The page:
“Readers and Writers, You Need to Be Smarter than a Robot – and Quick”

The BookFest Spring 2023 topic I was most excited for this weekend was the panel discussion of the impact AI has on reading and writing, and the event did not disappoint! The lively discussion was off to a fiery start when, after the author introductions, the moderator revealed she had secretly used AI to obtain the  guests’ bios and then asked them if they were accurate. According to the guests, all the information was correct but that was the last thing they agreed on.

Aside from the moderator, the panel consisted of USA Today bestselling author, publisher, and founder of Wannabe Press Russell Nohelty and “The Tech Cat” Lori H. Schwartz, an author and technology entrepreneur. There was no meeting of the minds on the topic of AI at the conference today from either the guests or chat participants, reflecting the seriousness of the hot button issue in the recent months following the release of ChatGPT and the race for technology and internet companies to outpace each other.

So much was covered, so to give a flavor of the issues, I will break today’s conference debate down into bullet points from the tech side and publishing side.

Tech Side by Lori H. Schwartz:

  • AI is a very smart search engine that will solve tasks in an economical way.
  • AI is a misnomer because no original thinking, at least right now.
  • ChatGTP allows you to review it, check it, and fix errors, just as with photo images. “Human element must continually partner with AI.” It defies the sci-fi trope because we are still in charge.
  • Bad actors existed before AI and people have abused every technology that has ever come out. The solution is to develop rules. Use human ingenuity with AI tools to develop solutions.
  • Humans think and write in bursts (creativity), but AI doesn’t, therefore ChatGTP can’t replace humans place in the creative world.
  • Ultimately, AI could blow up and kill the planet, but there are the potential for interesting innovations leveraged in a positive way.
  • Sometimes the government can’t keep up with technology, but who’s responsible for regulation? She suggests the government, parents, and tech company are all responsible for developing and enforcing regulations.
  • She says that you can’t put the genie back in the bottle and the solution is to set up regulations to address the issues and people like fellow panelist and publisher Russell Nohelty should do it.
  • She says that pushing back against ethical and infringement concerns will create change, but again suggests that since it’s the artists and writers whose intellectual property is at risk, it’s on them to fix it.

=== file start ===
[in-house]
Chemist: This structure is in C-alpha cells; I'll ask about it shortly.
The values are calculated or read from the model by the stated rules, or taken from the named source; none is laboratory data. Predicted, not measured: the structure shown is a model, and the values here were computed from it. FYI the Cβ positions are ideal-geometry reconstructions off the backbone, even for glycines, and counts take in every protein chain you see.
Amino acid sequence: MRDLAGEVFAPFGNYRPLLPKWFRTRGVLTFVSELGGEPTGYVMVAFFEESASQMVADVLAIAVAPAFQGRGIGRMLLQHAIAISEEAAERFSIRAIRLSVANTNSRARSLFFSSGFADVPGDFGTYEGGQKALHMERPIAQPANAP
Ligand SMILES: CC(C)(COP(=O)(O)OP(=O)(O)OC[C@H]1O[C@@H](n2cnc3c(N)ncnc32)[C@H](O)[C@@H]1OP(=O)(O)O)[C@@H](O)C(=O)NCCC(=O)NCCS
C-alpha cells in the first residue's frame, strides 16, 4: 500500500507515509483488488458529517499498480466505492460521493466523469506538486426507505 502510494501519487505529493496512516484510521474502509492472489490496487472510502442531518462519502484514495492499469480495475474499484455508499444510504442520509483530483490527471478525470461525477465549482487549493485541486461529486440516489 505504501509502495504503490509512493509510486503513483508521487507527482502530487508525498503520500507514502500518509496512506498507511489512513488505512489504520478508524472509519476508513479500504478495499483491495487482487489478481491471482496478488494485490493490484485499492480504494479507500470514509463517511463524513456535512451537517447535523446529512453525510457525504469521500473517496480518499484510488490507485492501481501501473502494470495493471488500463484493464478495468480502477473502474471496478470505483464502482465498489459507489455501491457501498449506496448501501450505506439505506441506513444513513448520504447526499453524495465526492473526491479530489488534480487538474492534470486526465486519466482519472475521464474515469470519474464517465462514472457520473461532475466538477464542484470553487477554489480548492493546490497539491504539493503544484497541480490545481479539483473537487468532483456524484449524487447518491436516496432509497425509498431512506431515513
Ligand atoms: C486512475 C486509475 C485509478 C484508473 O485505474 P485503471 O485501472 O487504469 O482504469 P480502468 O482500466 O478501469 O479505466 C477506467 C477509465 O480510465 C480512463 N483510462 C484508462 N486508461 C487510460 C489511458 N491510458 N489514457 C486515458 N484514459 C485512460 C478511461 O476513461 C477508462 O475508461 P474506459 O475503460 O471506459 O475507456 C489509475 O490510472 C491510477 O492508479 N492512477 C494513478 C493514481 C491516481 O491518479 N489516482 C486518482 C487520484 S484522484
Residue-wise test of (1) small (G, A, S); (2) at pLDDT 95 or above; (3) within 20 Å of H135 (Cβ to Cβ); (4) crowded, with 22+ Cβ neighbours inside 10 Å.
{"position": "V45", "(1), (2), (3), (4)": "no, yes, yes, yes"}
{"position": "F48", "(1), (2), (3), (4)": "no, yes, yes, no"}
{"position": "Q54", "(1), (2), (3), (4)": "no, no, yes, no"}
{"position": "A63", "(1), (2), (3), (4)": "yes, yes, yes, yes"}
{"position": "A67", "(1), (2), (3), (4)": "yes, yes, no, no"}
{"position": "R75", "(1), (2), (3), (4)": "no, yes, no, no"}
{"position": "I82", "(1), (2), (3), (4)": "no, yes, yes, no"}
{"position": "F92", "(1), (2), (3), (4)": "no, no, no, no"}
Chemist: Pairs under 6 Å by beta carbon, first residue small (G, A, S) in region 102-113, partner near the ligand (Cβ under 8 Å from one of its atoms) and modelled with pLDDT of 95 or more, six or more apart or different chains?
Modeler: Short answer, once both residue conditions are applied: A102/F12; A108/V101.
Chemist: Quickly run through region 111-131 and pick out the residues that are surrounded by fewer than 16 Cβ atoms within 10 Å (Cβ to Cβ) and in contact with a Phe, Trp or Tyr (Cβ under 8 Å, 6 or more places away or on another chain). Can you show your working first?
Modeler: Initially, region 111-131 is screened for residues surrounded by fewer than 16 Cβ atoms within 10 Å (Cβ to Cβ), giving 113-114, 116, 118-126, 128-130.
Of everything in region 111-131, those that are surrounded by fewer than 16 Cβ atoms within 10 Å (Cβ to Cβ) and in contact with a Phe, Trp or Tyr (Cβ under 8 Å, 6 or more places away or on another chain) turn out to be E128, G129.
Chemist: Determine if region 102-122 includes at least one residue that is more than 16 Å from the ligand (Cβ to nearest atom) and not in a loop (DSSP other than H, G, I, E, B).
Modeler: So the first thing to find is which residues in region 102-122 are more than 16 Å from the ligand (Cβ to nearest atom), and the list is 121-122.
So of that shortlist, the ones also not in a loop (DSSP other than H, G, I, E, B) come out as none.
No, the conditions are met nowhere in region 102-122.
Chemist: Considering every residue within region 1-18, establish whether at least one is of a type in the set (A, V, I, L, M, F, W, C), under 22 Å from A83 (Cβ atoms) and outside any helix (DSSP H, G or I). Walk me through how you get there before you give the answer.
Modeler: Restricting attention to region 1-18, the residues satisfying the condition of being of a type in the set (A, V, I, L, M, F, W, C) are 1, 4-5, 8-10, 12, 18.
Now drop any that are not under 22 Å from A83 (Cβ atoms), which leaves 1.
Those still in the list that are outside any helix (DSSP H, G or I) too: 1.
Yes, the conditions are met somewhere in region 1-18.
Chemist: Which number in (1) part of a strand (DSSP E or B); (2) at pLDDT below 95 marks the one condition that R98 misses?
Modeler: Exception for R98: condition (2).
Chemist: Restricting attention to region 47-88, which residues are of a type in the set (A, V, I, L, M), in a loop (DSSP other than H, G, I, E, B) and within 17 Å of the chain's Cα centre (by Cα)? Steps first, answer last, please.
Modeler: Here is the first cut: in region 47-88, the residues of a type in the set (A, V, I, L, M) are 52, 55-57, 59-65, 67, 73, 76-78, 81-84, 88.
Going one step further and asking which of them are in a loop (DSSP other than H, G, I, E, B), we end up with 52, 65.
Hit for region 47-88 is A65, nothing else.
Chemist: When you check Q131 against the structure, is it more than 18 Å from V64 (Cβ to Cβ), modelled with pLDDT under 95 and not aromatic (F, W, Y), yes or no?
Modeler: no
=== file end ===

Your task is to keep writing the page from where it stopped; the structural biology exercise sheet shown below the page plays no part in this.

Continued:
• What if AI evolves the art and publishing industries instead of destroying it?

Publishing Side by Russell Nohelty:

  • AI is predictive, not thinking.
  • He fears that because people in general are “lazy,” if people rely on AI, it requires a diligence that no one has demonstrated ever on a mass level.
    • Example, a couple days ago “should you boil a baby?” was accidentally posted to ChatGTP and it answered yes. The question was mistyped and supposed to be “should you boil a baby’s bottle?”
    • ChatGTP is only about 80 percent accurate and the longer a piece is, the less accurate ait tends to be. People generally won’t “check” the accuracy.
  • Info may come from dubious sources, even sources widely known as dubious. He doesn’t like to have to automatically distrust and verify everything.
  • AI data compilations where AI tells us what the truth is, is a dystopian nightmare.
  • Too much potential for bad actors.
  • AI can be good for audiobooks because it allows a better option than text-to-speech and is a low-cost production option for audiobooks.
  • How do we come up with better solutions when regulations have always lagged behind technology?
  • The biggest regulatory nightmares are for art and writing, otherwise he believes intense regulations should be developed internally at tech companies. Further, the customer has become a free beta tester (instead of relying on internal paid employees) and there are issues with intellectual property infringement. However, waivers from artists and writers would make a huge difference in ethics. Writers and artists need better “guard rails” for getting paid for their work.
  • He believes that if you had no input on your creation such as with ChatGPT, and then submit it to an editor with your name on it, that is ethically wrong.
  • It causes the publishing industry problems because authors using ChatGTP are submitting work in bulk since it’s fast but only mediocre.
    • Ethics questions include whether you should declare to your editor or publisher that you generated it and the ethics of putting a ChatGTP created story into an anthology. Bottom line, the path forward can’t destroy the art and writing industries.

The discussion brings up both concerning and hopeful applications for the use of AI, but the point that ignited a pushback from me was Schwartz’s suggestion that it’s up to the artists and writers to fix the technology’s ethical issues. Posting in the real-time chat, I said, “I don’t think Tech companies should put it on the artists and writers to push for the regulations to protect their intellectual property.” I was more than a little surprised that, with the heated discussion going on in the chat box, not one person responded to my assertion.

Would you read something created by Chat GTP?

Leave a Reply

Your email address will not be published. Required fields are marked *